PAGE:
Lignin solvated in zwitterionic Good’s buffers displays antibacterial synergy against Staphylococcus aureus

What is lignin?

Lignin is a versatile aromatic polymer that forms key structural materials in plants and some algae.  They can be used in a wide range of applications, ranging from fuels to advanced chemicals and materials.  They are particularly important in the formation of cell walls, especially in wood and bark, providing rigidity.  They can further provide a water-impermeable coating to water-conducting xylem vessels and act as a physical barrier against pests and pathogens.   

What is the motivation for the study?

While many of the applications for lignin solvation are industrial and in organic solutions, none are compatible with biological solutions.  Grossman et al explore the ability to solvate lignin in aqueous solutions at biological pH.  This further provides an opportunity to investigate the anti-bacterial effects of lignin against different pathogens offering prospects in the pharmaceutical and biomedical arena.  A Zetasizer Ultra was used to measure the size and zeta potential to further determine the effects different buffers had on lignin stability. 

The Results

Z-average sizes of Pluronics F-127 micelles with and without sugarcane lignin.  F-127 was plotted at concentrations of 1% and 10% (w/v), both of which are above the critical micelle concentration. 

Micelles formed in the presence and absence of lignin.  This indicated that adding lignin to each solution caused the Z-average particle (micelle) size to increase and thus, the lignin as taken up into micelles.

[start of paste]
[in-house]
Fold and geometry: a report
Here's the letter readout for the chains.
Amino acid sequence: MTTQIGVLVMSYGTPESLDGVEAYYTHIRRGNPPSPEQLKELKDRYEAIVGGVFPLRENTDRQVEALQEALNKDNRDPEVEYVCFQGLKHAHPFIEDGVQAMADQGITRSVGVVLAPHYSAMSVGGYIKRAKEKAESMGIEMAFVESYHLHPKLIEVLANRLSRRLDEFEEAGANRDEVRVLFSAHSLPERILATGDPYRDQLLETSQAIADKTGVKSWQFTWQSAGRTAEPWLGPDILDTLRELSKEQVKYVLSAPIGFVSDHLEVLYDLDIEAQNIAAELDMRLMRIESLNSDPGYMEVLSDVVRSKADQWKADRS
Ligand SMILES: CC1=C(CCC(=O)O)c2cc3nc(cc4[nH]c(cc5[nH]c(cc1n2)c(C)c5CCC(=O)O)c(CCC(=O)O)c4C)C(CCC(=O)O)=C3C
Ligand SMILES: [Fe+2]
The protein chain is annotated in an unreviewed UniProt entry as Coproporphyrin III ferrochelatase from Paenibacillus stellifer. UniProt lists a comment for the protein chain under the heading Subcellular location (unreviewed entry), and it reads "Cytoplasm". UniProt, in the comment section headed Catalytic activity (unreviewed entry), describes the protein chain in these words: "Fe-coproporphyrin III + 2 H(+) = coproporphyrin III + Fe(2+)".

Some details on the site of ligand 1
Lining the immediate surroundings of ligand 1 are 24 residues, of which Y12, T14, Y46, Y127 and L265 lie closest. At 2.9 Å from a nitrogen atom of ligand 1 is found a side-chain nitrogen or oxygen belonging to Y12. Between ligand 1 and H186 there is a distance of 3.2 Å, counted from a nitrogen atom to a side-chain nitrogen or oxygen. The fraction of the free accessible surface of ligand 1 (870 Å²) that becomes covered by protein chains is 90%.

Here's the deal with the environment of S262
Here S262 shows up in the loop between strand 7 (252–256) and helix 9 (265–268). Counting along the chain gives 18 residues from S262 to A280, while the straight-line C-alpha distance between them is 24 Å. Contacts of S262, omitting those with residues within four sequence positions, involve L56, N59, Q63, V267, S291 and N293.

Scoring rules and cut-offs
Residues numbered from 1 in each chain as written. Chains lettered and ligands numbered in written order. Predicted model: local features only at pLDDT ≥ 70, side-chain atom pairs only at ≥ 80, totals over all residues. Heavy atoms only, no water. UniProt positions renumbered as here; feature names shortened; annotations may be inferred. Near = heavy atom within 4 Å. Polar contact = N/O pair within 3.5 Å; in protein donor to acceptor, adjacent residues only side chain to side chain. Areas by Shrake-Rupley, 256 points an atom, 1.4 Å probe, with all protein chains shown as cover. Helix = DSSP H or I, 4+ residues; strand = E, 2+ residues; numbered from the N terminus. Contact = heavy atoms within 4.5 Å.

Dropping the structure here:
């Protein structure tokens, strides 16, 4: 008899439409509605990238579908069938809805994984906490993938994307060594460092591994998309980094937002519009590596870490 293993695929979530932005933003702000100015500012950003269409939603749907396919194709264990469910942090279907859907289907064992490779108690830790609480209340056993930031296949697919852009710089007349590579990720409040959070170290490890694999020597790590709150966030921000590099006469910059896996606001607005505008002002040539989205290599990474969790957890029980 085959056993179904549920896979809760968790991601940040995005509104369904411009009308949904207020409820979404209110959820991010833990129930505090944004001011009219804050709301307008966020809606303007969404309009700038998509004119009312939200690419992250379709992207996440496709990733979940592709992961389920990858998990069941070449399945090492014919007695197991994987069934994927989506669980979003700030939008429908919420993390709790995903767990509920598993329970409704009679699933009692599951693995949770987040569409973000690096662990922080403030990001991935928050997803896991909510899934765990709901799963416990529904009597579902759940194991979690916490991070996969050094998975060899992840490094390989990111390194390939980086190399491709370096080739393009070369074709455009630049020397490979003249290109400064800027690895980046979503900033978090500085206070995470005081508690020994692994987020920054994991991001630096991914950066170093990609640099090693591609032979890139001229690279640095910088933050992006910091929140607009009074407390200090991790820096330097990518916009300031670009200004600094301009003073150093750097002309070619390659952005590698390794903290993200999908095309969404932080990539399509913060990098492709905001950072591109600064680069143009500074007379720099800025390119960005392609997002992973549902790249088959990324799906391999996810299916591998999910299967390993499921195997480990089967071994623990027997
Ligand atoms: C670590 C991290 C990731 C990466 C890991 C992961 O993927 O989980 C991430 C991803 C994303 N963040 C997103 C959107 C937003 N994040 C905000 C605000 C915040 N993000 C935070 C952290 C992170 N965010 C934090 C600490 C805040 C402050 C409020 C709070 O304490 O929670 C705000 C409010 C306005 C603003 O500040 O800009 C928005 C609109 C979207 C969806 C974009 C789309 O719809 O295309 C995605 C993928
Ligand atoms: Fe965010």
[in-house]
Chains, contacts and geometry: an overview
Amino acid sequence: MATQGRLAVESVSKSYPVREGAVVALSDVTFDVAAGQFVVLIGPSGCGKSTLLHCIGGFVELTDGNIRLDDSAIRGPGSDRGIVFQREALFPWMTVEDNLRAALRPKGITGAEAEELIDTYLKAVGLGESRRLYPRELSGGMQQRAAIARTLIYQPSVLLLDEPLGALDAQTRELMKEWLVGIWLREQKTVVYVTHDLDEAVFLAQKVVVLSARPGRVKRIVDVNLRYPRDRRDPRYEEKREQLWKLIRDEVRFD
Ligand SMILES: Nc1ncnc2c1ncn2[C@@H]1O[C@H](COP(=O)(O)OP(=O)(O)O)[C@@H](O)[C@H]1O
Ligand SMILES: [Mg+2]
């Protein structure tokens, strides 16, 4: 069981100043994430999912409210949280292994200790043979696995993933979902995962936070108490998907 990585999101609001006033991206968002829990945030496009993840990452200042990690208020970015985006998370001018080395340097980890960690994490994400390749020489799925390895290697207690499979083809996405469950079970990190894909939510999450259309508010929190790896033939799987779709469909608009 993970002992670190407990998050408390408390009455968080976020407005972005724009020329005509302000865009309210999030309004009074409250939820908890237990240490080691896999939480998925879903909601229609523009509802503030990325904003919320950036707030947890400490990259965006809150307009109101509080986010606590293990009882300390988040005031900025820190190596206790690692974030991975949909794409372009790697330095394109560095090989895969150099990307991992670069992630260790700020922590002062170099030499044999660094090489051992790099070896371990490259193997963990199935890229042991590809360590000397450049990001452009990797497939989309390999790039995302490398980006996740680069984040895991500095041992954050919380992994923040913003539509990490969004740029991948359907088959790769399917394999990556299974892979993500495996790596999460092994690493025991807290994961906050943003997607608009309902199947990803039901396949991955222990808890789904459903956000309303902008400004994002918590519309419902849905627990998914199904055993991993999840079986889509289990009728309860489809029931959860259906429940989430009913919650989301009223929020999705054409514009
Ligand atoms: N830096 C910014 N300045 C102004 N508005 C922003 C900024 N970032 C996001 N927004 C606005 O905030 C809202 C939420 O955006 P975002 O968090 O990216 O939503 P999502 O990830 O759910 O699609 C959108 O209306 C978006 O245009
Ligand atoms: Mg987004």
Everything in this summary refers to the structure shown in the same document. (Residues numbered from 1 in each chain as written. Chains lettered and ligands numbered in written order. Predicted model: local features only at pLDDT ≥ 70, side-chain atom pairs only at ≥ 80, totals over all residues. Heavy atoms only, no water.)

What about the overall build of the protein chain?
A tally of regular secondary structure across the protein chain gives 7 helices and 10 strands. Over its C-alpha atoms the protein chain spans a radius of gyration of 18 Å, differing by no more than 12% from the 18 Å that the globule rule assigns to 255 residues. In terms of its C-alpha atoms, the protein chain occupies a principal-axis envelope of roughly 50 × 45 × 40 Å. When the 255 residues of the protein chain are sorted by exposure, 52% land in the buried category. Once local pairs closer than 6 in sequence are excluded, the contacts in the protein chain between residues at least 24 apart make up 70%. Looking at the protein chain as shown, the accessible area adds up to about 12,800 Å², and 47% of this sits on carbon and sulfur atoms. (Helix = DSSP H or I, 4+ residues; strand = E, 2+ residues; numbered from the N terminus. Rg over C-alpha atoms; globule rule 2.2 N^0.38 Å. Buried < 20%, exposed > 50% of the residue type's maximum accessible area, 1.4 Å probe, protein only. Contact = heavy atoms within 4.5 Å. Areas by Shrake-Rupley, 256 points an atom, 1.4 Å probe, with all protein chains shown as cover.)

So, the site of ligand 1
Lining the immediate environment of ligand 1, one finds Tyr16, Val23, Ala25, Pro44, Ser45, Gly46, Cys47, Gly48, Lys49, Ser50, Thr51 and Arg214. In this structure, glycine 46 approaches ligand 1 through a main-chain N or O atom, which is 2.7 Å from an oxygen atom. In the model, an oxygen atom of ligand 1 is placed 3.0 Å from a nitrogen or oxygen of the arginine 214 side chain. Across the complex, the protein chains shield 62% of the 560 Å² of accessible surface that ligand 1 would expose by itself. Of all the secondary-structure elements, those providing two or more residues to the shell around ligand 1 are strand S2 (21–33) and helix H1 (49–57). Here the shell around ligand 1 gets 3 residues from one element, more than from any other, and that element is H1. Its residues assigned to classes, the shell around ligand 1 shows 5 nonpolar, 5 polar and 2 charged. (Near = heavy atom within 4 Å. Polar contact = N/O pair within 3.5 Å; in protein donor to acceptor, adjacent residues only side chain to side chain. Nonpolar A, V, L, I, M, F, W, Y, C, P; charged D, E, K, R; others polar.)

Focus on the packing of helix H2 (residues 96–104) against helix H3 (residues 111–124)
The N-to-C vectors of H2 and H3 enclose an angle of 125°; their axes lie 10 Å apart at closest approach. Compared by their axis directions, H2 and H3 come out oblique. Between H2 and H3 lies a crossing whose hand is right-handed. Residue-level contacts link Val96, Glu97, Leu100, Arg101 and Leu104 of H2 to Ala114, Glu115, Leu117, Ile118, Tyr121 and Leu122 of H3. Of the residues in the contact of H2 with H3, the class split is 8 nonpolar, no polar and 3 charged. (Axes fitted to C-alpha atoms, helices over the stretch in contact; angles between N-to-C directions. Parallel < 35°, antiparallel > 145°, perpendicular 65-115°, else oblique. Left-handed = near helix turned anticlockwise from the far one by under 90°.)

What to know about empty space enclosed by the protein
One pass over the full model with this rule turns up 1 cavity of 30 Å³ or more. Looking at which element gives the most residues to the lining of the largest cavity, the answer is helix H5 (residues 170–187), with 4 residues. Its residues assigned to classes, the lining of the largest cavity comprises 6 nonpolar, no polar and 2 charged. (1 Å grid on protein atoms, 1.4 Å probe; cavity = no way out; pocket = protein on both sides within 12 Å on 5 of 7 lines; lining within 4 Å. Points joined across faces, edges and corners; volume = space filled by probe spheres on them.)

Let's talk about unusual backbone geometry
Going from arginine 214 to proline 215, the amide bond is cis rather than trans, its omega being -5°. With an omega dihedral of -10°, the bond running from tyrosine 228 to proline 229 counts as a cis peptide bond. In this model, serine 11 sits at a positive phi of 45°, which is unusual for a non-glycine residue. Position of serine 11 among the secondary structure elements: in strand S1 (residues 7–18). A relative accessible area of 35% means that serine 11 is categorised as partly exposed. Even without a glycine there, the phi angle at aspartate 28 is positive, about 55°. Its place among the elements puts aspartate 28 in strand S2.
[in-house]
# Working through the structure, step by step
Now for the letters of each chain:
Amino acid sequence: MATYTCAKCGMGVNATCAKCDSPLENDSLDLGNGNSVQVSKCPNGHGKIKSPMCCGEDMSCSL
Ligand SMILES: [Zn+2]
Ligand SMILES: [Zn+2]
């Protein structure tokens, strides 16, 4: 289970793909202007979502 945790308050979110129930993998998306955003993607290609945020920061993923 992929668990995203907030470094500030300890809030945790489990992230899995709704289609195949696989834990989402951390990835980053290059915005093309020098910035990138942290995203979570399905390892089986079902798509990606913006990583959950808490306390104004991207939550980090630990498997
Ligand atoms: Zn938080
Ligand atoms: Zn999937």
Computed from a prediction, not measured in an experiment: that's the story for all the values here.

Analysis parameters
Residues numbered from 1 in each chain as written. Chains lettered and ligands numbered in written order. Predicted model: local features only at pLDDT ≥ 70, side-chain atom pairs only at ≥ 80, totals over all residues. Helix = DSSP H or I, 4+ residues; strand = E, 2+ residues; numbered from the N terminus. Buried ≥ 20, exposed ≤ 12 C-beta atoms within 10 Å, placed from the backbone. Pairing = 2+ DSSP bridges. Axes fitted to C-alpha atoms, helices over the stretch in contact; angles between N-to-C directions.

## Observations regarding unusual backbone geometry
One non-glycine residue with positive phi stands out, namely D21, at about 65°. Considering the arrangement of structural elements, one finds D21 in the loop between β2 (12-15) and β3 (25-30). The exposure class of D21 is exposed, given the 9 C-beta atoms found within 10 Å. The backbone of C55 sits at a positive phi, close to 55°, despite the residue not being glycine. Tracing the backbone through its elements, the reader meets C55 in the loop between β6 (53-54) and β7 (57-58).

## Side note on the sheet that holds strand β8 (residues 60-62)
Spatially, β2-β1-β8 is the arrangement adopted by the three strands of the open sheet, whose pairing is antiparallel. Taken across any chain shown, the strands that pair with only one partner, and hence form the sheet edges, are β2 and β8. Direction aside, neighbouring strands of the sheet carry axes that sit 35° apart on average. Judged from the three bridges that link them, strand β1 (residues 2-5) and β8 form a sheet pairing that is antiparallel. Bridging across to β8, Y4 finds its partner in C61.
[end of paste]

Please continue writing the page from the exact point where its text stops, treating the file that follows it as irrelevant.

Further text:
Z-average particle sizes of sugarcane lignin in 1M NaOH, 3-morpholinopropane-1-sulfonic acid (MOPS), 4-(2-hydroxyethyl)piperazine-1-propanesulfonic acid (EPPS), and 3-(cyclohexylamino)-1-propanesulfonic acid (CAPS).
Table: The solubility and stability of sugarcane lignin in micelle-forming solutions

Conclusion

Grossman et al concluded that particle size, zeta potential along with calculated solubility were used to determine that MOPS, EPPS, and CAPS (MEC) act as chaotropic agents that enable lignin to be solvated in aqueous solutions across a wide range of pH, including biological pH.  They further demonstrate the antibacterial activity of MEC-solvated lignin by adding it to culture medium where it inhibited growth of the bacterial pathogen, S. aureus UAMS-1. 

For more information on this study, please download the paper, “Lignin solvated in zwitterionic Good’s buffers displays antibacterial synergy against Staphylococcus aureus” by Grossman et al here

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